#5 – The ethnographic invention

Ethnography is an act of invention. Anthropological inquiries always demand to invent how to inquire and how to relate to others. But if invention has always been integral to the empirical practice of ethnography, the imperative to care for our knowledge practices should also involve to care for the inventiveness of our modes of inquiry.

Ethnography is an act of invention, this is the central argument upon which the xcol inventory has been built. Unpacking this statement it would say that anthropologists (and ethnographers in general) invent—and have always invented—the relations letting them to inquire with others. A conceptualization of ethnography that is present in many contemporary ethnographic projects. The corollary of this argument is straightforward: If invention has always been integral to the empirical practice of ethnography, the imperative to care for our knowledge practices should also involve to care for the inventiveness of our modes of inquiry.

But, what does it mean the ethnographic invention? Let’s consider for a moment the empirical practice of ethnographers. When doing so we soon realize that any experienced anthropologist knows that this is a situation always abundant in uncertainties and unanticipated situations. Anthropologists draw on the forms of relationality they already know and the guides and norms of the ethnographic method they have learnt, but this knowledge is never enough. There is no script for social life and no method is good enough to guide anthropologists and ethnographers in the empirical situation. Anthropological inquiries always demand to invent how to inquire and how to relate to others.

Anthropological inventions

The idea that the practice of anthropology is infused with inventiveness is not completely novel. Decades ago, Roy Wagner (1975) argued that when anthropologists study other cultures, more than discovering them they are inventing them. The anthropological invention Wagner refers to happens at the conceptual level: in the process of analysis, when anthropologists write. The invention here referred to takes place in a different location: in the empirical situation.

This argument may be contextualized in a wide debate about the current transformation of ethnography in the contemporary. This is the experience of many anthropologists that have acknowledged that ‘Fieldwork is not what it used to be’. This is the felicitous title of a volume edited by George Marcus and James D. Faubion (2009). But perhaps the most challenging issue pushing for the transformation of ethnography comes from the extended acknowledgement that the conventional formulation of ethnography is unable to produce relevant questions for the challenges we have today. This is Paul Rabinow’s diagnosis when lamenting that “[t]he currently reigning modes of research in the human sciences are, it seems to me, deficient in vital respects” (Rabinow, 2003: 2).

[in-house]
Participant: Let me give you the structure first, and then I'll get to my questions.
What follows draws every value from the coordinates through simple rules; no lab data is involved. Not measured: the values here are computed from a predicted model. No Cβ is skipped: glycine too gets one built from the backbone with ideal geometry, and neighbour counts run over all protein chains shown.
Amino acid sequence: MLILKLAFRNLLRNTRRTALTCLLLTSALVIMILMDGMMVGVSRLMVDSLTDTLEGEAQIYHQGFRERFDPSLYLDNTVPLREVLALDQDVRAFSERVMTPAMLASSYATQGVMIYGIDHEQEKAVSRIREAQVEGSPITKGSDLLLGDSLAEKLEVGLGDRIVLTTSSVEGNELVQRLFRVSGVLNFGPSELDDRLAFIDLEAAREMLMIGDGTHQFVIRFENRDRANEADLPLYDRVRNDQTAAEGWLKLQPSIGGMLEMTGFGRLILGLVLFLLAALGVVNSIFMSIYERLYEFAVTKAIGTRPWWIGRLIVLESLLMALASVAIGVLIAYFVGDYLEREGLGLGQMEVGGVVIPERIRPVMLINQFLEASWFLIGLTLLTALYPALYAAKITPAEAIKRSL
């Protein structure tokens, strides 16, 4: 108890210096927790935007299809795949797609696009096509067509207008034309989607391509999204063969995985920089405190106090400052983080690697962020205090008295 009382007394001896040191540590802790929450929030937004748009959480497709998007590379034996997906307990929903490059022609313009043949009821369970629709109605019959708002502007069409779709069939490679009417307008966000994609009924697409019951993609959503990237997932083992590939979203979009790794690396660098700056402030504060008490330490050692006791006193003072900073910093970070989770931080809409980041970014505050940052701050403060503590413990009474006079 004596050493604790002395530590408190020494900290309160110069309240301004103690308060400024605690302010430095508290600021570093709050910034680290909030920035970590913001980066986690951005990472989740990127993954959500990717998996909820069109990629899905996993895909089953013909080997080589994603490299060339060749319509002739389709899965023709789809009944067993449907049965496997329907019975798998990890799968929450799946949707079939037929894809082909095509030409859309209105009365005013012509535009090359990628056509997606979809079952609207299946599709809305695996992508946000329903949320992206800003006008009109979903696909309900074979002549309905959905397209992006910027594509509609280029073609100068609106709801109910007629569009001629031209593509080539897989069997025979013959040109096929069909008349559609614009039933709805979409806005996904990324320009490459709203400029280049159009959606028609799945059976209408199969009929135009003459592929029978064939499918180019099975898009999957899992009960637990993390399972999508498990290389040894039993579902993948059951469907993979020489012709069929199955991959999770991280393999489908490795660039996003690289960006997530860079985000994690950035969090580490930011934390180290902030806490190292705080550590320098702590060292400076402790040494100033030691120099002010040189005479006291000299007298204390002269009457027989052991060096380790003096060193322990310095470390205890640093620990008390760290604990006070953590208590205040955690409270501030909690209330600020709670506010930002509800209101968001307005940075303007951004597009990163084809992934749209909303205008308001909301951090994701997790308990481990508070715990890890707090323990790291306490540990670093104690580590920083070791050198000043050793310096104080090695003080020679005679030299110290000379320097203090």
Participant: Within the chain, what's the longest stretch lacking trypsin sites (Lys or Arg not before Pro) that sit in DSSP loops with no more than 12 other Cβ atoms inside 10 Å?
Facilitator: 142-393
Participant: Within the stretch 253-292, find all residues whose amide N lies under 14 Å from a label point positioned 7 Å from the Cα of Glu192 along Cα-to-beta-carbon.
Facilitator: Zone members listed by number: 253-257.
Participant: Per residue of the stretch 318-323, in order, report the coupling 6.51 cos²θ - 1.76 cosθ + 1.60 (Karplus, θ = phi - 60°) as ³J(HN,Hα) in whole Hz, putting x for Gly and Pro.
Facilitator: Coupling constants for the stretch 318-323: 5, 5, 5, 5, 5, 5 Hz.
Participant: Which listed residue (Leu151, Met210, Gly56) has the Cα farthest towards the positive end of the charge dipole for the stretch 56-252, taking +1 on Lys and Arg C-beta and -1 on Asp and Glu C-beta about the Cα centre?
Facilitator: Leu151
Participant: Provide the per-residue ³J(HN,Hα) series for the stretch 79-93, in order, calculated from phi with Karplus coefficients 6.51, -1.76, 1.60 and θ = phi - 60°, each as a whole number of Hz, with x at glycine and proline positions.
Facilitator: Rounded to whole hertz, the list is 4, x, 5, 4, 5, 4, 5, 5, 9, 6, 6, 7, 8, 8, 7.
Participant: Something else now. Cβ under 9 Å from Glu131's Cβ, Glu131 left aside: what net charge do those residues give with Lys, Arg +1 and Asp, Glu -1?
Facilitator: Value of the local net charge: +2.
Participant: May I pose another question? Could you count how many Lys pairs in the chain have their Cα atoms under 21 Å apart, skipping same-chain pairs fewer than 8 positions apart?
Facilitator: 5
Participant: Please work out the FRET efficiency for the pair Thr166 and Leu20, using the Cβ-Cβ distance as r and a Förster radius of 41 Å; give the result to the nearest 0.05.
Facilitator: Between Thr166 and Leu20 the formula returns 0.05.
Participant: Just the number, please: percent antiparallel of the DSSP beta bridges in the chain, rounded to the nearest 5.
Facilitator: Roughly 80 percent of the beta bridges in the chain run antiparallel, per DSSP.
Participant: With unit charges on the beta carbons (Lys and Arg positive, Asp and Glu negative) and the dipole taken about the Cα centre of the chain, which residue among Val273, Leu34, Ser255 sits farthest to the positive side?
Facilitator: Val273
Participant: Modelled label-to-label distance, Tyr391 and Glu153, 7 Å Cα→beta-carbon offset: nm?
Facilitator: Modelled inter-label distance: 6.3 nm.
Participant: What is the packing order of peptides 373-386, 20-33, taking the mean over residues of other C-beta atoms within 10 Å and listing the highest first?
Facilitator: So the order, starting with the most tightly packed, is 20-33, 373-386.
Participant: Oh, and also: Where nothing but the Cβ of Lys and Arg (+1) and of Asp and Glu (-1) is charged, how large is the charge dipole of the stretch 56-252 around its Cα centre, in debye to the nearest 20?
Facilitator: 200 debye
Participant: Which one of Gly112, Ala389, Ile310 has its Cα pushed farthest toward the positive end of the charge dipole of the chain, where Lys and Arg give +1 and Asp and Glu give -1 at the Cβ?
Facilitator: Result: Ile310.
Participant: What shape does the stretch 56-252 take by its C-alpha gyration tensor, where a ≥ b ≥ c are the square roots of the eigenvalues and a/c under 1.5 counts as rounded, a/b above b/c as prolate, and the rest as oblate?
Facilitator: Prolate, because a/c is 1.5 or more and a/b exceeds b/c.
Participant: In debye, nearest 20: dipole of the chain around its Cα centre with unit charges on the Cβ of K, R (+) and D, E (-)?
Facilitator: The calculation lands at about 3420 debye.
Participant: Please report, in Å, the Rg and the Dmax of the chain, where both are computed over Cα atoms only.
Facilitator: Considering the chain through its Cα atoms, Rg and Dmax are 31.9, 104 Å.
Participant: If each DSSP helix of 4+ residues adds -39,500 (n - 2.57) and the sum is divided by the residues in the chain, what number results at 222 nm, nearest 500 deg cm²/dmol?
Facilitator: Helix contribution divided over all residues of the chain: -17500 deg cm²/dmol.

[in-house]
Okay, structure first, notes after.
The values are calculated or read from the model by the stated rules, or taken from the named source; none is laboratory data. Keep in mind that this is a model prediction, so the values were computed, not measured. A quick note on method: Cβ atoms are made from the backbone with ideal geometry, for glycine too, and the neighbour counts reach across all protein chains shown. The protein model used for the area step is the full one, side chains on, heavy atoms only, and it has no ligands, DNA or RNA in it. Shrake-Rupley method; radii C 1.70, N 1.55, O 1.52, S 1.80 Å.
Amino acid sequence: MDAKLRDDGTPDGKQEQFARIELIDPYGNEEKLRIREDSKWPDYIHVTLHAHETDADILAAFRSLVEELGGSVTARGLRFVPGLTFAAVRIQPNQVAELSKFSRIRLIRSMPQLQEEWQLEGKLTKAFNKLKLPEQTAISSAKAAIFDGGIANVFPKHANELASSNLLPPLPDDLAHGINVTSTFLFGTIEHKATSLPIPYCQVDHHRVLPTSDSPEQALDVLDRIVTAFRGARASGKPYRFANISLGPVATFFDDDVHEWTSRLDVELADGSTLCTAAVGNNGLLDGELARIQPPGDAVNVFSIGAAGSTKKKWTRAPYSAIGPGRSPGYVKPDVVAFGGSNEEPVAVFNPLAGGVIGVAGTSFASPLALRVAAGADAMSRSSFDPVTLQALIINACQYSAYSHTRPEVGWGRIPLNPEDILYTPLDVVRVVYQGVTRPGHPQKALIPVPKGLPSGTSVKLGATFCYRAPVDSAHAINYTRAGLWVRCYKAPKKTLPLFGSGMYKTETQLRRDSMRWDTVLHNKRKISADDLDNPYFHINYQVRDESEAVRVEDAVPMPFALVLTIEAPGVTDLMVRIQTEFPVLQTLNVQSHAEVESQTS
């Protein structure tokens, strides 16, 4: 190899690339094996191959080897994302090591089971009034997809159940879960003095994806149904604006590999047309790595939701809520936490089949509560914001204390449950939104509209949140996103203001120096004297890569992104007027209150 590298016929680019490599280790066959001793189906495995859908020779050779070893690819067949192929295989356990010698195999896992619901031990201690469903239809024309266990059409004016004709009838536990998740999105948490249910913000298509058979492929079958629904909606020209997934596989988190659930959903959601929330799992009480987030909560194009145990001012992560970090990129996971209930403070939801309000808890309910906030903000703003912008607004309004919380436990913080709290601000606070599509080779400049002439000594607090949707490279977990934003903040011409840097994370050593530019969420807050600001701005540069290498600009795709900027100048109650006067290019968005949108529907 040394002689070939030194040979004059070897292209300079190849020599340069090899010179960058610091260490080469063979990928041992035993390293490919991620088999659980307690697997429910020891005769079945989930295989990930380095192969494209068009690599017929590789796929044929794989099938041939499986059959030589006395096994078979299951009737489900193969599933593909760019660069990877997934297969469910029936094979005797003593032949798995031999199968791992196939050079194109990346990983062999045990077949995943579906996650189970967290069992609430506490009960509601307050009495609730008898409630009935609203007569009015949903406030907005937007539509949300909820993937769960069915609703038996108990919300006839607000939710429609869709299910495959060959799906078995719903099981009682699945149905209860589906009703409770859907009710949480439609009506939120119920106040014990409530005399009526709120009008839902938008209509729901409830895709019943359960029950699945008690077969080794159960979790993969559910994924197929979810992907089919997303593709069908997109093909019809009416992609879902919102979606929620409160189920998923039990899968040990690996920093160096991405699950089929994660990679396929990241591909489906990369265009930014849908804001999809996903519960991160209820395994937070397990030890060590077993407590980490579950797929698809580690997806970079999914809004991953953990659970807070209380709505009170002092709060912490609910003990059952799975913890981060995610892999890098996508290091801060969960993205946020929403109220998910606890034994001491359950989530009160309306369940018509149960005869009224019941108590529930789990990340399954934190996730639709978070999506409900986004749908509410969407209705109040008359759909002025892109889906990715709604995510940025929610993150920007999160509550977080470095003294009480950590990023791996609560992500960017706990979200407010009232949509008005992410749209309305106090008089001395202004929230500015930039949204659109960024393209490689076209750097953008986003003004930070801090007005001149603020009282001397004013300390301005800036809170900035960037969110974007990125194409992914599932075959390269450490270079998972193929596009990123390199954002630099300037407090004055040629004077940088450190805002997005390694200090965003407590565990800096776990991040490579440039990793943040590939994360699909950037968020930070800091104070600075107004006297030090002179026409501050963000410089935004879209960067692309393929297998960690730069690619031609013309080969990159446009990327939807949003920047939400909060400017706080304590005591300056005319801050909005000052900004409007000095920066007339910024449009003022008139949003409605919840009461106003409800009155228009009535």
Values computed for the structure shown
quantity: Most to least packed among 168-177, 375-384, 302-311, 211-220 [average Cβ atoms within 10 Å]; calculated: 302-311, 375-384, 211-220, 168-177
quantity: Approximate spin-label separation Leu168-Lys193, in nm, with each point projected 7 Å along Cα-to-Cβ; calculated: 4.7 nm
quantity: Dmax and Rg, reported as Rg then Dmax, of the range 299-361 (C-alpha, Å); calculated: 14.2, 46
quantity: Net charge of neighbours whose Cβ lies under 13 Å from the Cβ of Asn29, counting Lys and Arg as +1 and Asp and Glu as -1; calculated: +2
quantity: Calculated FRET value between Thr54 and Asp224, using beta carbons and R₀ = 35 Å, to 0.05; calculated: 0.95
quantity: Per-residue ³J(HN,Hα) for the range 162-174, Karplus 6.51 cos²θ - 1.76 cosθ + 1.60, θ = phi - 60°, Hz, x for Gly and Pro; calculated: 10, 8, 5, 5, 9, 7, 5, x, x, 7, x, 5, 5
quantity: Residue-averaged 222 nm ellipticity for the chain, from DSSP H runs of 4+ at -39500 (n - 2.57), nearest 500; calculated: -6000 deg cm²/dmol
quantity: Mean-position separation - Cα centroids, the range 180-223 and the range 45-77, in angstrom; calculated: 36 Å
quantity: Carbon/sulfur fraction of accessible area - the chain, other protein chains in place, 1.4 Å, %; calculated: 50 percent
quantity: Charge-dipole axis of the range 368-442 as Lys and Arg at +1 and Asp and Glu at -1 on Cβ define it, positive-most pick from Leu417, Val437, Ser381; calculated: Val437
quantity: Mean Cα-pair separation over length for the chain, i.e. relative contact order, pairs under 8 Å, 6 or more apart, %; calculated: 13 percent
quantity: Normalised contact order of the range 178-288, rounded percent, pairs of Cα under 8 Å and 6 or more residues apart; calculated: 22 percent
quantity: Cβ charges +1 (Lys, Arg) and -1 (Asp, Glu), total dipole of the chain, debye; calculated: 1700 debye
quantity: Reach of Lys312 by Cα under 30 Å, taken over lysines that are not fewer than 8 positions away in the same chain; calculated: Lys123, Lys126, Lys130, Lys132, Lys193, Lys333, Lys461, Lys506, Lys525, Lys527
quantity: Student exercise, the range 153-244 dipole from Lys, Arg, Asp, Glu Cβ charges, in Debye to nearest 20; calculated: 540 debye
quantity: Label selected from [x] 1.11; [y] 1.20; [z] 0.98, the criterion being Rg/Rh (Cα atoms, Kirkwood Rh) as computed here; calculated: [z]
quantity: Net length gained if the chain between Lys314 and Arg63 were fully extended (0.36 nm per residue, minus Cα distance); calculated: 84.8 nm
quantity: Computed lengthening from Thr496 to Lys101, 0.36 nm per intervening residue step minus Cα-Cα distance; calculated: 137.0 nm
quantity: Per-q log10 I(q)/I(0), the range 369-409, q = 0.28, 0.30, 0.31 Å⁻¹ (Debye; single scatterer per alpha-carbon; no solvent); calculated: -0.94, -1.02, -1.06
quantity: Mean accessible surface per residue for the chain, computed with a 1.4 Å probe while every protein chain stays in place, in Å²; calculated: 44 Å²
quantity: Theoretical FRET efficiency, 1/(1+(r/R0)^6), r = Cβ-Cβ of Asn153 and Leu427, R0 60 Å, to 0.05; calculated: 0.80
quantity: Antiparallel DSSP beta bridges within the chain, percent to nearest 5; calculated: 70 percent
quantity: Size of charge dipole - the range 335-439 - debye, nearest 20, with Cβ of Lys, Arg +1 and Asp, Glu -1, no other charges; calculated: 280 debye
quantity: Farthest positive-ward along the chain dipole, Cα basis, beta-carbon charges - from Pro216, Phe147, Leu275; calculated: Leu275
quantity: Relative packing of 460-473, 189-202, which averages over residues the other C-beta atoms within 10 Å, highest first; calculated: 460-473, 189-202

This is a relevant climate that opens for critique and revision the way we practice ethnography. A relevant locus of intervention in this debate is the tension between the norm and form of ethnography, between the indications and rules that we receive in our training (the so-called ethnographic method) and the practices and practicalities of the field situation. When we consider how we practice ethnography it always appears much more creative than the method described in our handbooks.

Let us offer an example of an ethnographic project that materializes the invention we are trying to convey. It is called the The Asthma Files, a project developed by Kim Fortun, Mike Fortun and many collaborators. A project, as its name clearly indicates, that investigates how asthma in particular, and more generally environmental public health challenges, are addressed. One way to carry out an ethnography on this topic would be to investigate a pneumology department, and alternative would be to investigate with an organization of asthma patients. The Asthma Files proposes a quite different design (or in our own words: device).